The Astoria Shipwrecks and Cemetery of the Pacific on the North Oregon Coast


The Astoria Shipwrecks and Cemetery of the Pacific on the North Oregon Coast

Posted on 11/21/21 at 10:14 PM PST
By Oregon Coast Beach Connection Staff

(Astoria, Ore.) – They call it the Cemetery of the Pacific, and for good reason. The mouth of the Columbia River near the cities of Long Beach, Washington and Astoria, Oregon, is one of the most dangerous bodies of ocean water in the world. The “cemetery” itself stretches from the tip of the Washington coast to Tillamook Bay, with some 2,000 shipwrecks believed to have occurred here up to 1981 and some 1,500 lives lost. That’s a number that includes tiny private ships as well as explorers and commercial vessels, documented a few hundred years ago, but with the bulk dating back to around 1800. (Above: The Galena, courtesy OSU. She was wrecked near Gearhart on November 13, 1906. She still resides under the sands, and will likely never be seen again.)

The sandbars hiding under the mouth of the river and along this shoreline have been the culprit, but thanks to various dredging projects since the 1980s, bar pilots and modern technology, it has been less. a major killer. Of course, wild winds and chaotic seas also have a lot to do with the lethal formula.

Most of the ships were bound for Astoria or Portland as they headed inland for the past two centuries, but many never made it inside the mouth and were wrecked somewhere. well north or south of Astoria.

The USS Shark wreck on September 10, 1846 is one of the most famous on the Oregon coast, helping to name two cities with the nickname Cannon Beach, preventing another city from starving and creating the one of the most unique shipwreck memorials on the entire Oregon coast.

Under the command of Captain Schenck, the schooner was ordered to leave its fleet in Hawaii to survey the Pacific Northwest and map, among other things, the dangerous helm of the Columbia. Initially, the ship managed to enter the mouth of the Columbia with some difficulty, but it did. In the Astoria region, tensions were still high between the United States and the British over territorial boundaries, and settlers and local tribes viewed the shark as a stirring force. Thus, the tensions between the inhabitants and the crew were also high.

It didn’t help that many of the crew were away and left the ship after they were just fed up with being at sea for so long. The captain became anxious in such an environment and decided to abandon the mission quite suddenly, making the decision to leave on that fateful day.

On exiting, the Shark struck the bar, ran aground, and broke within one day under heavy waves from a typical Oregon Coast and Washington Coast storm. Parts of it floated to a place later known as the Arch Cape, where the cannon, capstan, and other ship items found helped name this place Cannon Beach. At the start of the 20th century it changed its name to Arch Cape and ten years later what we now know as Cannon Beach took on the name.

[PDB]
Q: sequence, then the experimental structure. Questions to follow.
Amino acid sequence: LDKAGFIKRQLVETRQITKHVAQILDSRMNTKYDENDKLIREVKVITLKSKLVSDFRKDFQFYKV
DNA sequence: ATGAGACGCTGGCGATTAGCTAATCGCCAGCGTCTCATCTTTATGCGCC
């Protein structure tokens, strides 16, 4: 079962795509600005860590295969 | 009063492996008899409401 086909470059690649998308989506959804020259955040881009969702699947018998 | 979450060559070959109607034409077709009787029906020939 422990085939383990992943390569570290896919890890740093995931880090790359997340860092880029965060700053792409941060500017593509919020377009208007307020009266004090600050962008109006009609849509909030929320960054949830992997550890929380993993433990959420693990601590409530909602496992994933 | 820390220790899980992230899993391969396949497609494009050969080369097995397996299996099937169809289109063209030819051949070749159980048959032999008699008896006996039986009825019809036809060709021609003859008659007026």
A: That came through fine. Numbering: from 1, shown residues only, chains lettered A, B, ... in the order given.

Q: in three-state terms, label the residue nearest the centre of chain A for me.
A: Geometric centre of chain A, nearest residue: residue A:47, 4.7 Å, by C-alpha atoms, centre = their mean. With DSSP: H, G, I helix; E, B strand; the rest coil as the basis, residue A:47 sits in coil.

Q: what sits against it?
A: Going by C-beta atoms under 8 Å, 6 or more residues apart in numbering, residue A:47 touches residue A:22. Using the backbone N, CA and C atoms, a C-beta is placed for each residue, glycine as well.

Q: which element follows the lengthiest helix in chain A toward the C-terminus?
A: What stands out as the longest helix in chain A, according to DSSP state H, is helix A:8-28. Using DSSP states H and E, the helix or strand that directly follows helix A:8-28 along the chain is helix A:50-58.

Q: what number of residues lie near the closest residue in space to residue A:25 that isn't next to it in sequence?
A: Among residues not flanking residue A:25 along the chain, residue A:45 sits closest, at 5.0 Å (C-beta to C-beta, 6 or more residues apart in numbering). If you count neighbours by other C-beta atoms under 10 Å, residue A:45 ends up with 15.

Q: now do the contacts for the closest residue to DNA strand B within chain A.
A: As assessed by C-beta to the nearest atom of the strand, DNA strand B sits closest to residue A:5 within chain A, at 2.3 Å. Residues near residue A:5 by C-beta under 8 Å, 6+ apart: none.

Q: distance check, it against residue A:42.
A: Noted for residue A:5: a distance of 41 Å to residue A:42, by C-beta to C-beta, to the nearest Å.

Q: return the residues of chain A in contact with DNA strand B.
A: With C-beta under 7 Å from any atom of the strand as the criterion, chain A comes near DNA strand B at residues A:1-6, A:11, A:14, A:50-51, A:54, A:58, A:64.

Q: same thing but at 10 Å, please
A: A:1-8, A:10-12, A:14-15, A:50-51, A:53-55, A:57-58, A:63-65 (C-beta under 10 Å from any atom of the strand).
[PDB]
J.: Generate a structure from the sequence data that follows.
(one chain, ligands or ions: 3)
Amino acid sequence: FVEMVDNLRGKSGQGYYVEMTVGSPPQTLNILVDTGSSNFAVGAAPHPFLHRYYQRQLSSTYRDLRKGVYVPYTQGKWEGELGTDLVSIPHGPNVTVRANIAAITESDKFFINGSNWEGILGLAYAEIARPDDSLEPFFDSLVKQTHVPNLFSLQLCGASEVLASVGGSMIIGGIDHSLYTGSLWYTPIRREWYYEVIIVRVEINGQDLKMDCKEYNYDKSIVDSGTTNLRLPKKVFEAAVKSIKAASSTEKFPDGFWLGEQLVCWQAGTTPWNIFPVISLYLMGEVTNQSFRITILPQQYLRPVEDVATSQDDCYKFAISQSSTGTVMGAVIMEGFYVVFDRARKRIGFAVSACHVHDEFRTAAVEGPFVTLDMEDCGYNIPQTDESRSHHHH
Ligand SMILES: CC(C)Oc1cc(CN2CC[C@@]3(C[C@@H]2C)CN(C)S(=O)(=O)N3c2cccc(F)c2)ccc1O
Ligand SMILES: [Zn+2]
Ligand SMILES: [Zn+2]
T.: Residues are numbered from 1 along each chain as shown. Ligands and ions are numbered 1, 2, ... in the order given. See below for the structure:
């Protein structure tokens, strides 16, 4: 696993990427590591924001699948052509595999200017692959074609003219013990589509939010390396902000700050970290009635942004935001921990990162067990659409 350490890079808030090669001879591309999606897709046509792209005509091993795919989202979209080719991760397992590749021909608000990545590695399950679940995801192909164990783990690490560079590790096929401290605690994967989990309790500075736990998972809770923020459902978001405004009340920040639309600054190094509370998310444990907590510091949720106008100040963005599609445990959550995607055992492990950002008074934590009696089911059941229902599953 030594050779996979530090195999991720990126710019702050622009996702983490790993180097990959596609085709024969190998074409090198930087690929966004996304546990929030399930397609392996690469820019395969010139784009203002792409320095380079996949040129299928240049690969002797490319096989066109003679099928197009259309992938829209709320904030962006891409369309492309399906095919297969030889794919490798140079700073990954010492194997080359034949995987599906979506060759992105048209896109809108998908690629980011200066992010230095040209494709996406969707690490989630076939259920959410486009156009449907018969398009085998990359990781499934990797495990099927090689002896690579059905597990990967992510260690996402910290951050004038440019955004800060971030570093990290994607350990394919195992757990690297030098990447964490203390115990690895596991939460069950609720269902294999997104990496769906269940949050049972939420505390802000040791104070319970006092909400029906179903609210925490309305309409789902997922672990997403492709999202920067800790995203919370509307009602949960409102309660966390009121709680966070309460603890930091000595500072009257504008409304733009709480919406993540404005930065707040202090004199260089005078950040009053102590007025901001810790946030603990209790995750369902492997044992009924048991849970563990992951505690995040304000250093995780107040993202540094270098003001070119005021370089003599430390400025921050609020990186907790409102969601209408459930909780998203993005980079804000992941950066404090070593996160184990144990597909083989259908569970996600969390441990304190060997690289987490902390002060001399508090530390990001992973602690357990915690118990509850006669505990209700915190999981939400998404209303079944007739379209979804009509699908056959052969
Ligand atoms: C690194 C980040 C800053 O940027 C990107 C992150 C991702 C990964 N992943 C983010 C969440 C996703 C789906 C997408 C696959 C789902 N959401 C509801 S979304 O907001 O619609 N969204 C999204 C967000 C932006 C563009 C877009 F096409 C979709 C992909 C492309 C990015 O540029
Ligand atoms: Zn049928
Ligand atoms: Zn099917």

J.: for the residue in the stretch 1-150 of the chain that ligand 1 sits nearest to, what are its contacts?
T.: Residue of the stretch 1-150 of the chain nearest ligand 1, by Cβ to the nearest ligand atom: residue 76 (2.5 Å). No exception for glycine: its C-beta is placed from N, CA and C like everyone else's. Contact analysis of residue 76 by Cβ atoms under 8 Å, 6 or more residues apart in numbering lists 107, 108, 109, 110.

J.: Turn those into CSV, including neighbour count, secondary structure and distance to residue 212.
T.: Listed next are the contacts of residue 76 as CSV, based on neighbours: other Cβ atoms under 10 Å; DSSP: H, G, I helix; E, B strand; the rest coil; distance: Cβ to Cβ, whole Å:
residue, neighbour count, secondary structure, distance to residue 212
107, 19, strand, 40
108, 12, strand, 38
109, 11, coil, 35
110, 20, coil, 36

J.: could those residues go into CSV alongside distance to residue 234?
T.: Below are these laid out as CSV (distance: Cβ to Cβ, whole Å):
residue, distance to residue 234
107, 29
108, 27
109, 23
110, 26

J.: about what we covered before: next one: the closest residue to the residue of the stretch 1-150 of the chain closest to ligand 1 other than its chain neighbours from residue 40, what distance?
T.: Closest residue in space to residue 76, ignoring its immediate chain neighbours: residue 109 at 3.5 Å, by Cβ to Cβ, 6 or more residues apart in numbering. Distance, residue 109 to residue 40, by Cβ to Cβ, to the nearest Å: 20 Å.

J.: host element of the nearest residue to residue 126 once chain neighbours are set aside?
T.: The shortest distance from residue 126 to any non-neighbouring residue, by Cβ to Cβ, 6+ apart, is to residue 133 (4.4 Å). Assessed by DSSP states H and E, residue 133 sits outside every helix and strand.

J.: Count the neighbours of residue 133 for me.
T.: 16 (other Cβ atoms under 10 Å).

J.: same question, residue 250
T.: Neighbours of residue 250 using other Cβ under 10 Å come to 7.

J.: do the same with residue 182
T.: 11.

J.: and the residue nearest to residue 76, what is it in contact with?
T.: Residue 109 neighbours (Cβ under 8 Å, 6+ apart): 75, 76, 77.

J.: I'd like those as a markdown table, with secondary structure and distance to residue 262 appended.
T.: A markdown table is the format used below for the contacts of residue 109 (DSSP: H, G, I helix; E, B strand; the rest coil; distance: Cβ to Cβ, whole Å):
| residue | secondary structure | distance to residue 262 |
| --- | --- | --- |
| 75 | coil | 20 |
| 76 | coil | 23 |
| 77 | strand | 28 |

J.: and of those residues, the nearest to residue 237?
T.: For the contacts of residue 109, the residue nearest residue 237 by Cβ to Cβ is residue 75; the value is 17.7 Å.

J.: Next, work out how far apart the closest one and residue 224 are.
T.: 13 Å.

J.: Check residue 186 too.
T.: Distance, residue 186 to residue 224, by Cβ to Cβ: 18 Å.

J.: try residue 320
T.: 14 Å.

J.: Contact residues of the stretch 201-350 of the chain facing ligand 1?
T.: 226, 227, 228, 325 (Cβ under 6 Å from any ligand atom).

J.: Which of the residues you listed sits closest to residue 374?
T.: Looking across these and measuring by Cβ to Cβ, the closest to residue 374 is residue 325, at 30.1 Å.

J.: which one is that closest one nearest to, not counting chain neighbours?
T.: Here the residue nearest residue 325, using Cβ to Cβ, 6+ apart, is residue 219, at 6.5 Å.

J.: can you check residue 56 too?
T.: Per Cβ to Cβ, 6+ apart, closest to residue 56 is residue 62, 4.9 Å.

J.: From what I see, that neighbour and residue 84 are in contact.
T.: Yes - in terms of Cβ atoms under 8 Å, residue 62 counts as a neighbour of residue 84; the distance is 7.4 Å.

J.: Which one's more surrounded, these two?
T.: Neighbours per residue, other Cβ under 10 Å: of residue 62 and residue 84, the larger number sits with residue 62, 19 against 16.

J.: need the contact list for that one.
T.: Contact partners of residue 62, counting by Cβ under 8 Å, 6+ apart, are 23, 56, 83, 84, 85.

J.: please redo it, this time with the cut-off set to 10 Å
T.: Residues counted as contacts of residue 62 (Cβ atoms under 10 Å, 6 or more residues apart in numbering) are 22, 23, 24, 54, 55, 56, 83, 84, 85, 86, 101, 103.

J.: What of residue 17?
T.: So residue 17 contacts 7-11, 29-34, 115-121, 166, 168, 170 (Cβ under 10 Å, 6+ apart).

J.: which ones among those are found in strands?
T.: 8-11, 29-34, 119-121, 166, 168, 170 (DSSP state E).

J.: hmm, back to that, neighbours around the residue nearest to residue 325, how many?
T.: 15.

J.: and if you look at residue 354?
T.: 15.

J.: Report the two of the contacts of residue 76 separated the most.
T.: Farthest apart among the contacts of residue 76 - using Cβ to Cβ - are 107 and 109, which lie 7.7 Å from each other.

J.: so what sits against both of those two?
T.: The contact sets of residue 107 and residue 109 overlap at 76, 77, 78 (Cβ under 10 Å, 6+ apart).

Meanwhile, in the 1850s, a group of starving settlers in the coastal forests of the future Tillamook County and began building a wooden ship to collect supplies in Astoria in the north. Yet at first they didn’t have metal bolts or other building necessities. Fortunately, the local tribes gave them their heads over the shark pieces that were in the Tillamook area, and they were able to use the materials to build such a ship, saving lives.

Some time after the sinking itself, a survivor carved all of the crew’s names on a rock in the Astoria area called Shark Rock, which is now on view at the Columbia River Maritime Museum.

By far the most famous wreck on the Oregon coast is the Peter Iredale wreck near Warrenton in Fort Stevens State Park. He stayed here because of his hookup with the Columbia River Bar.

The British ship City of Dublin ran aground on the bar in 1878, after a reckless captain did not wait for a bar pilot. Even after dropping three anchors before skidding, the ship drifted and crashed into the spit, rapidly taking on water and then self-destructing under the onslaught of the waves. All the men made it out alive.

A little further up the Washington coast, at Grays Harbor, one of the most tragic incidents in maritime history took place on September 18, 1914. The SS Francis H. Leggett left port with some 67 passengers and a load of railway equipment. Some 60 miles later on the Oregon coast in the Oceanside region, it hit a huge storm and was eventually engulfed in waves after taking on water.

All on board are dead; only one body was found.

A sample of other wrecks:

1874 – the Sidi. A French brig which was then recovered and put back into service.

1875 – Architect. The boat wrecked on Clatsop Spit after the winds calmed down, causing it to land on the sand bar. The captain and crew spent the night hiding from the elements in the rigging, and eventually all were rescued by a lifeboat.

1947 – Two barges named PT&B 1684 and PT&B 1685. While being towed from Honolulu, heavy seas and high winds hit, forcing the tugs to cut the lines. The two crashed into the spit, and one was ultimately whipped against North Head. All the cargo was lost.

1960 – Bell buoy. The fishing boat built in 49 and based in Astoria took on water and sank far from Cape Disappointment.

1964 – George Olson. The 3,321-ton log barge detached from its tug crossing the bar on January 30, and even after Coast Guard vessels grabbed it, it began to sink due to damage from the bar. . To avoid this, the rescue ships stranded him somewhere on the north pier.


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